The Akita is one of seven Japanese dog breeds designated as natural monuments, but it was not always recognized by this name. The Akita dog breed is thought to be descended from the now extinct and ancient Matagi Inu dogs used by the Matagi and other northern Japanese natives to hunt Sitka deer, wild boar, and Asian black bear.
A dog statue is a common sight in the many images of locals and tourists in Japan. An Akita, Hachiko, was given such an honor for showing loyalty to its owner over several years, waiting patiently for him at a familiar train station every day, even after his death. The sad story is a fitting tribute to the breed, one of the oldest in the country.
Many Akitas can still be seen wandering the streets of Japan with their masters. Learn more about these well-known Japanese dogs and their ancestors. Meanwhile, here are top internet casinos in Australia.
The Akita and the Matagi
For over 400 years, the Matagi civilization has been traditional hunters of deer and bear in Northern Japan’s forests. Hunting is a sacred ritual that begins with a prayer and is often performed in traditional garb for these men.
If a bear is killed (often with the same weapon that an ancestor used seven generations before), its remains are rendered with a traditional Matagi knife. Typically, an offering to the Yama-no-Kami (Deity of the Mountains) is left behind and becomes part of the bear. The Matagi hunt is a spiritual practice that an outsider was not permitted to document until 2017.
Before Japanese preservation societies saved native Japanese dog breeds such as the Shiba-Inu, Kai-Inu, Hokkaido-Inu, Ryukyu-Inu, Kisyu-Inu, and Shikoku-Inu, the Matagi bred the dogs for hunting, much like their forefathers.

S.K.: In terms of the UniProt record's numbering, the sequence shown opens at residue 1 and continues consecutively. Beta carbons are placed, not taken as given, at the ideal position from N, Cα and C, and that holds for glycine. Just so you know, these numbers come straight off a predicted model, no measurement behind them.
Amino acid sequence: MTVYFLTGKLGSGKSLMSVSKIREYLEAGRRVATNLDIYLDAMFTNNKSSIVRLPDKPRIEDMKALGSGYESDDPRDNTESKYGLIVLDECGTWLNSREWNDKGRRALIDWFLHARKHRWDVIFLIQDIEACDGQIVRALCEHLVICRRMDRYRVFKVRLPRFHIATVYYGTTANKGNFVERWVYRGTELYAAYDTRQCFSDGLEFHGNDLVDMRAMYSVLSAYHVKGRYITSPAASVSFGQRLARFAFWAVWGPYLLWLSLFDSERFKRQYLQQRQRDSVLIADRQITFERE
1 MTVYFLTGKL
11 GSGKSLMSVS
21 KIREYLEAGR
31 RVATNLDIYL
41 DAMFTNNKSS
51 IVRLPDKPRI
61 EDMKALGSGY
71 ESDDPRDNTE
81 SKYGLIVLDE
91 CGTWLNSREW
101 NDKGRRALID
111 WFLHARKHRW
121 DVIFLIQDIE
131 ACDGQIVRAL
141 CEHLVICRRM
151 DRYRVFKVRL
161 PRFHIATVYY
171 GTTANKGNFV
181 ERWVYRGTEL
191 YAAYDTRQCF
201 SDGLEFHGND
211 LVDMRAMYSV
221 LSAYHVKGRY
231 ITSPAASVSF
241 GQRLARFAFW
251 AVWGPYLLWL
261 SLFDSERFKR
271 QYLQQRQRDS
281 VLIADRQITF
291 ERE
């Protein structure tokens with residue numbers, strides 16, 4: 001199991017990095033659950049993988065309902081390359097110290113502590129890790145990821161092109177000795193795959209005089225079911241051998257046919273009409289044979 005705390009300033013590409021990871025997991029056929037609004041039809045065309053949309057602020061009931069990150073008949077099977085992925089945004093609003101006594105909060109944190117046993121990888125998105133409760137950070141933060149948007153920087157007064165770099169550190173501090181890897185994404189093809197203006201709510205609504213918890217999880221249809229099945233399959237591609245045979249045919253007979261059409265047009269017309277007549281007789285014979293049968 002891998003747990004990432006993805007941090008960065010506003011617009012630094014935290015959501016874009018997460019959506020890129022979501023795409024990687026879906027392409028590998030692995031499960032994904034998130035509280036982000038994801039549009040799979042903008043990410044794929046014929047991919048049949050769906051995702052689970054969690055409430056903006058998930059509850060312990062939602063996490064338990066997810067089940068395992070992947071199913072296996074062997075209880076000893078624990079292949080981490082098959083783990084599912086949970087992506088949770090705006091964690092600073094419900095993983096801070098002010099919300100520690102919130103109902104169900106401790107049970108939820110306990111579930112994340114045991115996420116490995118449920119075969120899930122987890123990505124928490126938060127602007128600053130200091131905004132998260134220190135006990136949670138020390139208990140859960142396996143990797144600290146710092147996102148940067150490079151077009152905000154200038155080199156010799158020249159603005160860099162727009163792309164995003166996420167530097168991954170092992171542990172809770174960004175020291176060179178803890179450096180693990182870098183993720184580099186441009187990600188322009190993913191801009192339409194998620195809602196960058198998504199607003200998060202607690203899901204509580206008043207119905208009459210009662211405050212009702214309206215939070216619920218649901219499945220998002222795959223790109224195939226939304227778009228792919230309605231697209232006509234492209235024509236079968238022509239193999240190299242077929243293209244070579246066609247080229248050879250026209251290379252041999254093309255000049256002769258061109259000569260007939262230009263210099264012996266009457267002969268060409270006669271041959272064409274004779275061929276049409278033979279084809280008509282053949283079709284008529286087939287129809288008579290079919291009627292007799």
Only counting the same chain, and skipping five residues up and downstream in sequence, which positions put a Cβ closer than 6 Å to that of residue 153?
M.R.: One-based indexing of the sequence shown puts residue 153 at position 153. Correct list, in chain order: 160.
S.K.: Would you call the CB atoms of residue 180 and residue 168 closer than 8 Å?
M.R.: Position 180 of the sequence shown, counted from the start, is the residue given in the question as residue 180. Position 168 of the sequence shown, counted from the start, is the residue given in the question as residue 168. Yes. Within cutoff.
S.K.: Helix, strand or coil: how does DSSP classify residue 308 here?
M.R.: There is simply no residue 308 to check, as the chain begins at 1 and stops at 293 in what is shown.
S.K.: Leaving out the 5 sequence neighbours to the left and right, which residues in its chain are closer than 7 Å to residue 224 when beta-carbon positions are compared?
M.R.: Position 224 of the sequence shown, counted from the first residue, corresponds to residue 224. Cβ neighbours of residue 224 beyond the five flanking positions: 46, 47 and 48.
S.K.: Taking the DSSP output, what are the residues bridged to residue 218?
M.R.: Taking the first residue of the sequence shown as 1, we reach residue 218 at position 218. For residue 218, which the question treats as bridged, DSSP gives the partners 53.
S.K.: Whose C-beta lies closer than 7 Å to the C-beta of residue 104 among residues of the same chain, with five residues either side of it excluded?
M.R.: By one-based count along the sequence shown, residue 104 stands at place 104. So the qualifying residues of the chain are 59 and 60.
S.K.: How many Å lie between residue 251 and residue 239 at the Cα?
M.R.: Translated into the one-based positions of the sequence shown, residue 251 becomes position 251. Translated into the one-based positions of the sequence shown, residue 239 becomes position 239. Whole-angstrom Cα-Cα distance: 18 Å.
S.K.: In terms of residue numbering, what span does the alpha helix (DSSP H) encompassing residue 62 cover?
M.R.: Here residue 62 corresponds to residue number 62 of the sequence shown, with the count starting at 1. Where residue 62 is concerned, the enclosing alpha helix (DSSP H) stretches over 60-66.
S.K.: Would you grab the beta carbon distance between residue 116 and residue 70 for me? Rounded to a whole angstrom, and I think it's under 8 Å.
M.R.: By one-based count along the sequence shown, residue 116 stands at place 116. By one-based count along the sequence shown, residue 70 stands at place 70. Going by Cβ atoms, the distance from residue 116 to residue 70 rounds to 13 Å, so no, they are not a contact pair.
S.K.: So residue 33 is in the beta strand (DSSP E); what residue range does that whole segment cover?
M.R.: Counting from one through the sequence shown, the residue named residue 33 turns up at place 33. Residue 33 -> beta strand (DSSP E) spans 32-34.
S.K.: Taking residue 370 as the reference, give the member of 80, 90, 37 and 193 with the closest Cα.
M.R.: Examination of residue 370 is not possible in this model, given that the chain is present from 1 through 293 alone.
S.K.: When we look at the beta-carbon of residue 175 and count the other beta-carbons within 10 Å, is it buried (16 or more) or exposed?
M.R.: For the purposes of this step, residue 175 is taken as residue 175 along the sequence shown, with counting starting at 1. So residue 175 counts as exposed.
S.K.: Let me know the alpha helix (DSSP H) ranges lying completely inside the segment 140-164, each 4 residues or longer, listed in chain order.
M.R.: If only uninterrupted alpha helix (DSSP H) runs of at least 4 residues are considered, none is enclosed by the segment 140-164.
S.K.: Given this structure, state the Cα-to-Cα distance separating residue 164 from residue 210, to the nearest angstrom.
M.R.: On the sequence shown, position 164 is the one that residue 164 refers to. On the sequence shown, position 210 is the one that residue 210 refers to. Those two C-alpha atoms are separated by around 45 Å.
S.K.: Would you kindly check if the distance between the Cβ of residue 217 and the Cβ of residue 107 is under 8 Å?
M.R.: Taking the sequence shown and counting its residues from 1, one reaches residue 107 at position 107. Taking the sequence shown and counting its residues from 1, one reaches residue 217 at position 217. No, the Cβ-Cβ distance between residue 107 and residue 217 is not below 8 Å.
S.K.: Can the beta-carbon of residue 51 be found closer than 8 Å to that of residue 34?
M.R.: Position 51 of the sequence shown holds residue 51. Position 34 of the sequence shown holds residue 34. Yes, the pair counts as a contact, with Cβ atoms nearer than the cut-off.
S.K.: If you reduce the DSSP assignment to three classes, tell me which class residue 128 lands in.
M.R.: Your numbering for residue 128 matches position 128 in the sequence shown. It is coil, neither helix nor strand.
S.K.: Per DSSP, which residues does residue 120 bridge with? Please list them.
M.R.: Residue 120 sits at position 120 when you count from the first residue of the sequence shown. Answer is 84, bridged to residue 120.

Surprisingly, the Akita’s ancestor was the Matagi dog, and Matagi hunters employed it to locate larger prey. A sad old folk tale tells of a Matagi hunter named “Satoroku” who went hunting with his Akita named “Siro.”
Satoroku tracked an animal across the border by accident, but he eventually realized he’d forgotten his hunting license on his way back. When a border guard threatened to execute him if he did not present his license before dawn, Satoroku ordered his dog to hurry home and fetch the license.
Siro, who was exhausted, tried to run as quickly as possible, but it wasn’t quick enough to return to Satoroku in time. Siro alerted the village to the fact that his owner was executed.
The villagers erected a shrine called “Rouken-Zinzya” to honor this devoted dog. The shrine is in Odate city, and on April 17th, there is a feast to honor the Matagi dog – or Akita.
However, increased regulations, conflicts with environmentalists, high taxes, and special licenses given only after passing an exam have put the Matagi at risk of extinction, especially since its traditional lifestyle isn’t appealing to a younger generation. Matagi members are getting older. Moreover, here is the link to play casino online real money.
The Akita Inu
The Akita Inu is a Japanese breed of dog that stands out due to its strong, imposing, and powerful appearance. They are fearless, yet they maintain a quiet, calm, and dignified demeanor. Akitas are self-sufficient and reserved around strangers, but they are extremely loyal and docile to their family, though they rarely tolerate nonsense.